Commonwealth Games 2014: The amazing athletes who are already winners
A profile of the star competitors and their remarkable achievements
Chris Green is Senior Reporter at The Independent and i, covering all aspects of UK news. He has worked for the paper since 2007, first as a general news reporter and then on the news desk as Deputy News Editor. In 2010 he was on the launch team of the i. Shortly after returning to reporting in 2014, he spearheaded both papers’ coverage of the Scottish independence referendum.
Tuesday 22 July 2014
More than 4,500 athletes from 71 nations and territories will compete at the Commonwealth Games in Glasgow over the next fortnight. All will hope for glory in their sport, but some of them have already had remarkable lives.
Maria Toorpakai Wazir
The 23-year-old Pakistani squash player was brought up in the highly conservative region of Waziristan, where girls are not allowed to play sport. In order to take part, she disguised herself as a boy by cutting her hair. Her family started receiving threats for allowing Wazir to play sport and she was eventually forced to practice in her room in case the squash court where she played was bombed. In 2011 she moved to Canada and joining a squash academy. “I am a warrior, I was born a warrior, I will die like a warrior,” she said.
The Rwandan cyclist lost 60 family members, including six brothers, during the genocide of 1994 which killed an estimated 800,000 people in 100 days.
Then aged seven, he survived the horror and took part in his first cycling race, the Tour of Rwanda, at the age of 16 on a bike that he borrowed from a relative. The 27-year-old has said of his sport: “It’s the thing that helps me forget my problems.”
Abdul Rashid Bangura
When he was a teenager, the 27-year-old middleweight boxer was forced to flee his home town of Makeni, Sierra Leone, as rebel forces from the Revolutionary United Front took over. A longing to see his father made him return, but he was captured and forced to work crushing rice. His trip to Glasgow will be his first out of Africa – but his father, formerly Sierra Leone’s boxing coach, will not be there to see it, as he died this year. “The only time my father was happy was when I was boxing,” Bangura said.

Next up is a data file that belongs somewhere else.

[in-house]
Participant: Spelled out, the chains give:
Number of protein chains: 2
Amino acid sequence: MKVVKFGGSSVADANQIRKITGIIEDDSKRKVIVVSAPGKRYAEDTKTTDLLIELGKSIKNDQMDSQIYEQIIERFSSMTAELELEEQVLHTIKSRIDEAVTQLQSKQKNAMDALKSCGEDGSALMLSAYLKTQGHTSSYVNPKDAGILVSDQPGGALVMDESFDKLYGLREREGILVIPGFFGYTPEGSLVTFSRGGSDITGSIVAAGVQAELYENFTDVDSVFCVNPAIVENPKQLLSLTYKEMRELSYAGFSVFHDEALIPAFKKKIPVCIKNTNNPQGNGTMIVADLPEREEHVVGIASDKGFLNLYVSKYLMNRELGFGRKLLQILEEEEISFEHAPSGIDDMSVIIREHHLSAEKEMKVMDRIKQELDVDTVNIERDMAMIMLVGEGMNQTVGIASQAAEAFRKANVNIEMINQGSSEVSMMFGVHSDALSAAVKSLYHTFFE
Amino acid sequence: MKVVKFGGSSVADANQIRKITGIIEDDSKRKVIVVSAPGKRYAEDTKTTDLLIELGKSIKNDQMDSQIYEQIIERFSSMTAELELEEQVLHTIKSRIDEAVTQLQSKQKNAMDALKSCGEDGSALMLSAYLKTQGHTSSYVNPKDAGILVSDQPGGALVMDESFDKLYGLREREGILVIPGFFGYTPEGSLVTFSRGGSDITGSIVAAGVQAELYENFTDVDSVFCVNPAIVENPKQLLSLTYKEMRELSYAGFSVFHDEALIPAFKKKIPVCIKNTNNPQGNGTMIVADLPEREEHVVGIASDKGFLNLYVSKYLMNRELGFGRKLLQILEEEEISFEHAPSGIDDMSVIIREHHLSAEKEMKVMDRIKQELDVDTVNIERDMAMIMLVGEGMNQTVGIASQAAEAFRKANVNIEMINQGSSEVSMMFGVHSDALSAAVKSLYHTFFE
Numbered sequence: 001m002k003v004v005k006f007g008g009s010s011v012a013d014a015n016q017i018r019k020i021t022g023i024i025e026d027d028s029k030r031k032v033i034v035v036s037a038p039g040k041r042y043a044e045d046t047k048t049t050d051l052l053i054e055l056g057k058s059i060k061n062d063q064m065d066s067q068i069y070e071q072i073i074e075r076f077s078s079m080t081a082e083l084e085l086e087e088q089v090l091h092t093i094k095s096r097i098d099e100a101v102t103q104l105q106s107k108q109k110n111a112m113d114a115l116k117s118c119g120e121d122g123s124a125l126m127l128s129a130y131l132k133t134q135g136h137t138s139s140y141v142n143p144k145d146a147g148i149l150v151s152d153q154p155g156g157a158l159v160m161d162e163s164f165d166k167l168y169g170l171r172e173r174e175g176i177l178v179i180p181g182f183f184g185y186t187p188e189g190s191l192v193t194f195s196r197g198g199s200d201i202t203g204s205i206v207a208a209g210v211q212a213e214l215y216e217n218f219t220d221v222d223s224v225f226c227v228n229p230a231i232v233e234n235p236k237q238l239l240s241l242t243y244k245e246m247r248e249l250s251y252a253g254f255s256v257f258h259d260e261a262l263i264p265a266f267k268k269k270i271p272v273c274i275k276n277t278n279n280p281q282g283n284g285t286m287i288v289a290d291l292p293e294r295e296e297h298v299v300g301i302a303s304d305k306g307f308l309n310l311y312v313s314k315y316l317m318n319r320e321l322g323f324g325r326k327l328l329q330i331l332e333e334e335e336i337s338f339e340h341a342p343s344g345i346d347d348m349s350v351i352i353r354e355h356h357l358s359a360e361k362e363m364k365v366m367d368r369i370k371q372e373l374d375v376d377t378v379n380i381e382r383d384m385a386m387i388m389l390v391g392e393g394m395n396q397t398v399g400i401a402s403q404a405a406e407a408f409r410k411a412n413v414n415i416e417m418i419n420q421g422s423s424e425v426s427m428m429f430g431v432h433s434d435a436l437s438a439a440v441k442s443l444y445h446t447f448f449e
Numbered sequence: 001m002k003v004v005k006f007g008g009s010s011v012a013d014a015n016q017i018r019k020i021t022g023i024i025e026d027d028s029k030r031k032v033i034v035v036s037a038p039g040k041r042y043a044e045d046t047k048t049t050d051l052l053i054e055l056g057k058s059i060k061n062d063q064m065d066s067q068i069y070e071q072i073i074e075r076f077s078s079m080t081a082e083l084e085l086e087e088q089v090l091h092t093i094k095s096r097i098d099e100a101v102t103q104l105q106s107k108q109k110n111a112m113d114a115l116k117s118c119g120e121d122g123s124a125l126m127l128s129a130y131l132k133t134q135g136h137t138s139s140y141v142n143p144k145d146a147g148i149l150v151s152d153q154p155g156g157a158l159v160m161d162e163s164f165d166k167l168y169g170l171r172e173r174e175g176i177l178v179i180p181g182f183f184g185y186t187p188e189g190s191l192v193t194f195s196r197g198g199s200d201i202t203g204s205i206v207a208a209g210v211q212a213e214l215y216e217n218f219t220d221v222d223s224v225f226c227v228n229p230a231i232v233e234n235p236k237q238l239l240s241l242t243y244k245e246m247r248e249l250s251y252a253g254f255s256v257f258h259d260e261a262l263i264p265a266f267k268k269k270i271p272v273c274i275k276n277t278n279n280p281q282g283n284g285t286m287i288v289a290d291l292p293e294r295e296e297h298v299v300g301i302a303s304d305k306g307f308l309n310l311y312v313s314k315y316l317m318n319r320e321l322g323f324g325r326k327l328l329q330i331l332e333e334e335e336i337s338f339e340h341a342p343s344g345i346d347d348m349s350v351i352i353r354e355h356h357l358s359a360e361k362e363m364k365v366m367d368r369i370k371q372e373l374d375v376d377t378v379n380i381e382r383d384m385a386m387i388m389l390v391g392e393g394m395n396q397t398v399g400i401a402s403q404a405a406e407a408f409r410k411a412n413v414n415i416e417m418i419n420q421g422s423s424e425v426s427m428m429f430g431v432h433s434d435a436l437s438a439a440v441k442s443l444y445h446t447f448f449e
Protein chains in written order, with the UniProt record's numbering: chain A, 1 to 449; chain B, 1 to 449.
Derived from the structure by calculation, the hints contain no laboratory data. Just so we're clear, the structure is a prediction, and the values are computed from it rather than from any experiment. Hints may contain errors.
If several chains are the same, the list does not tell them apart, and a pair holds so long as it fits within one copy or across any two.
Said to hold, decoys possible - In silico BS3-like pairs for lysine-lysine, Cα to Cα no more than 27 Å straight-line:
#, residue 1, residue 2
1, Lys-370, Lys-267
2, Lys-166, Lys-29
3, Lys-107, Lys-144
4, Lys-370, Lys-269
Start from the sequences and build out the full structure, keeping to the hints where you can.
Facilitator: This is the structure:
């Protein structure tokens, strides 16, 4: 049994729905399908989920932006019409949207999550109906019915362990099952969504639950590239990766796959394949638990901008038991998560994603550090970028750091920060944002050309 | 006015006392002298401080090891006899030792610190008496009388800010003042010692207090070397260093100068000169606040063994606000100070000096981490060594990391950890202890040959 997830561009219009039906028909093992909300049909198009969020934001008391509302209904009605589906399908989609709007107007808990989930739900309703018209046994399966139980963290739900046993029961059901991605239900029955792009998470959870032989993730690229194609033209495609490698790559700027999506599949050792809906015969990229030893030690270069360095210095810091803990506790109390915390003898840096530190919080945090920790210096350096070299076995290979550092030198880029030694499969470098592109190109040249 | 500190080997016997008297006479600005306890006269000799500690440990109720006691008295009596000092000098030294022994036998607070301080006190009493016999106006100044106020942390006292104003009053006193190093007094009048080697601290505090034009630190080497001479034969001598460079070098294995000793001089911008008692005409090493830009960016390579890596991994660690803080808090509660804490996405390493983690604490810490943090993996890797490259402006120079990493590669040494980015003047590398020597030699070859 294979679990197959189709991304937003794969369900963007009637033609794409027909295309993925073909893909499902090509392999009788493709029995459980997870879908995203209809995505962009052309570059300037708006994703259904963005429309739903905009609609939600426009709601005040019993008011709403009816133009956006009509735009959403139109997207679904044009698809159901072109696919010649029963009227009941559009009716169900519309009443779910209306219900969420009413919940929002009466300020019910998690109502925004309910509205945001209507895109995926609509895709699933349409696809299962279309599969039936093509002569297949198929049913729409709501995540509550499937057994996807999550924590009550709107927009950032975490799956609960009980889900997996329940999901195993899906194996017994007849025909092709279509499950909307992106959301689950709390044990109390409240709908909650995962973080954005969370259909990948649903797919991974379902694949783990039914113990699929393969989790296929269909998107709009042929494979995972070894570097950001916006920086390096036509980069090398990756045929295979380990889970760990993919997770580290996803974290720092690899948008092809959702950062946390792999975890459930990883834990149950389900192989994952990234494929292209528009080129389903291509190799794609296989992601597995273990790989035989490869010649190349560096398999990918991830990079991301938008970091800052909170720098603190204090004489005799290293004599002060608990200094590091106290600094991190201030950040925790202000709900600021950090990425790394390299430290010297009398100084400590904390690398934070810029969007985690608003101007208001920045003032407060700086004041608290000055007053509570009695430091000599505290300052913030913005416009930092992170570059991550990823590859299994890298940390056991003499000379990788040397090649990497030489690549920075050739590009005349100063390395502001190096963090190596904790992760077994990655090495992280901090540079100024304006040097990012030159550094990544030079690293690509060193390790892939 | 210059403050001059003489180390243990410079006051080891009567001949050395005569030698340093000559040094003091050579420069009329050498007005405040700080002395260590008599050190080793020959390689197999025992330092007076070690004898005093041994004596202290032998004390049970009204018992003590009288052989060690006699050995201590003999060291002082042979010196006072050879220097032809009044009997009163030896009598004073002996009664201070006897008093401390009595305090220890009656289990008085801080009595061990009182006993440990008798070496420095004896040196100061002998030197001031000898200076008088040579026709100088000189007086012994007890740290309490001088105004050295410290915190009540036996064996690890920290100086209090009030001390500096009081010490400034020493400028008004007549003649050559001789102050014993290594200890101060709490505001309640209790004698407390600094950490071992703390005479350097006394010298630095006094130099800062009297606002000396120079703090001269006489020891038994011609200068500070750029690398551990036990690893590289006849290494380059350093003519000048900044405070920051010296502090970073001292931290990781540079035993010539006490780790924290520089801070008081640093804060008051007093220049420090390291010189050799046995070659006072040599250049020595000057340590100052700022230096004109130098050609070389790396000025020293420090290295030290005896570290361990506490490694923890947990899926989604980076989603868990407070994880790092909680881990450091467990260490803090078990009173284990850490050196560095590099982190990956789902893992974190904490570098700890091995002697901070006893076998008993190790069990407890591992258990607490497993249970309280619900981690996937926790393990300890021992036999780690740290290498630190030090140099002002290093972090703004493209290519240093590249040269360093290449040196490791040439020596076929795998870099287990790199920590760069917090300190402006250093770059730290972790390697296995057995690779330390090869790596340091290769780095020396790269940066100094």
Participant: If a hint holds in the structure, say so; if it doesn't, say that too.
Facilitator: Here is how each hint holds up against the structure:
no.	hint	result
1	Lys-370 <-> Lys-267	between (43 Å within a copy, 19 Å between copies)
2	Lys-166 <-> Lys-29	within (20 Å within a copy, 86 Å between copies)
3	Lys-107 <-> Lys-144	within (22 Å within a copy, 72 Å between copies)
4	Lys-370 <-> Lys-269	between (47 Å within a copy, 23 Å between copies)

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In 1995, when she was two years old, the 21-year-old New Zealand swimmer’s legs were caught under a ride-on lawnmower being driven by her father, Garry, at the family home in Christchurch. Her left leg was amputated below the knee following the accident, but she took up swimming at the age of seven and went on to become a six-time Paralympic gold medallist. Her father has spoken of being haunted by what happened to his daughter, saying last year: “I don’t think I’ve really recovered from it… It just leaves a black dot in my life.
Seven years ago, he weighed 16 stone and smoked 20 cigarettes a day – now he runs marathons. The 40-year-old Englishman was selected for the squad after finishing a surprise 15th in this year’s London Marathon, becoming the third Briton to reach the finish line behind Mo Farah and Chris Thompson. Not bad for someone who only took up running in order to lose weight.
“It turned very quickly away from being a form of exercise to get healthy and lose weight to a competitive sport,” he said recently. “Within six months of starting this journey I’d almost forgotten why I started running – to lose weight and give up smoking – and it turned into more of a competitive hobby.”
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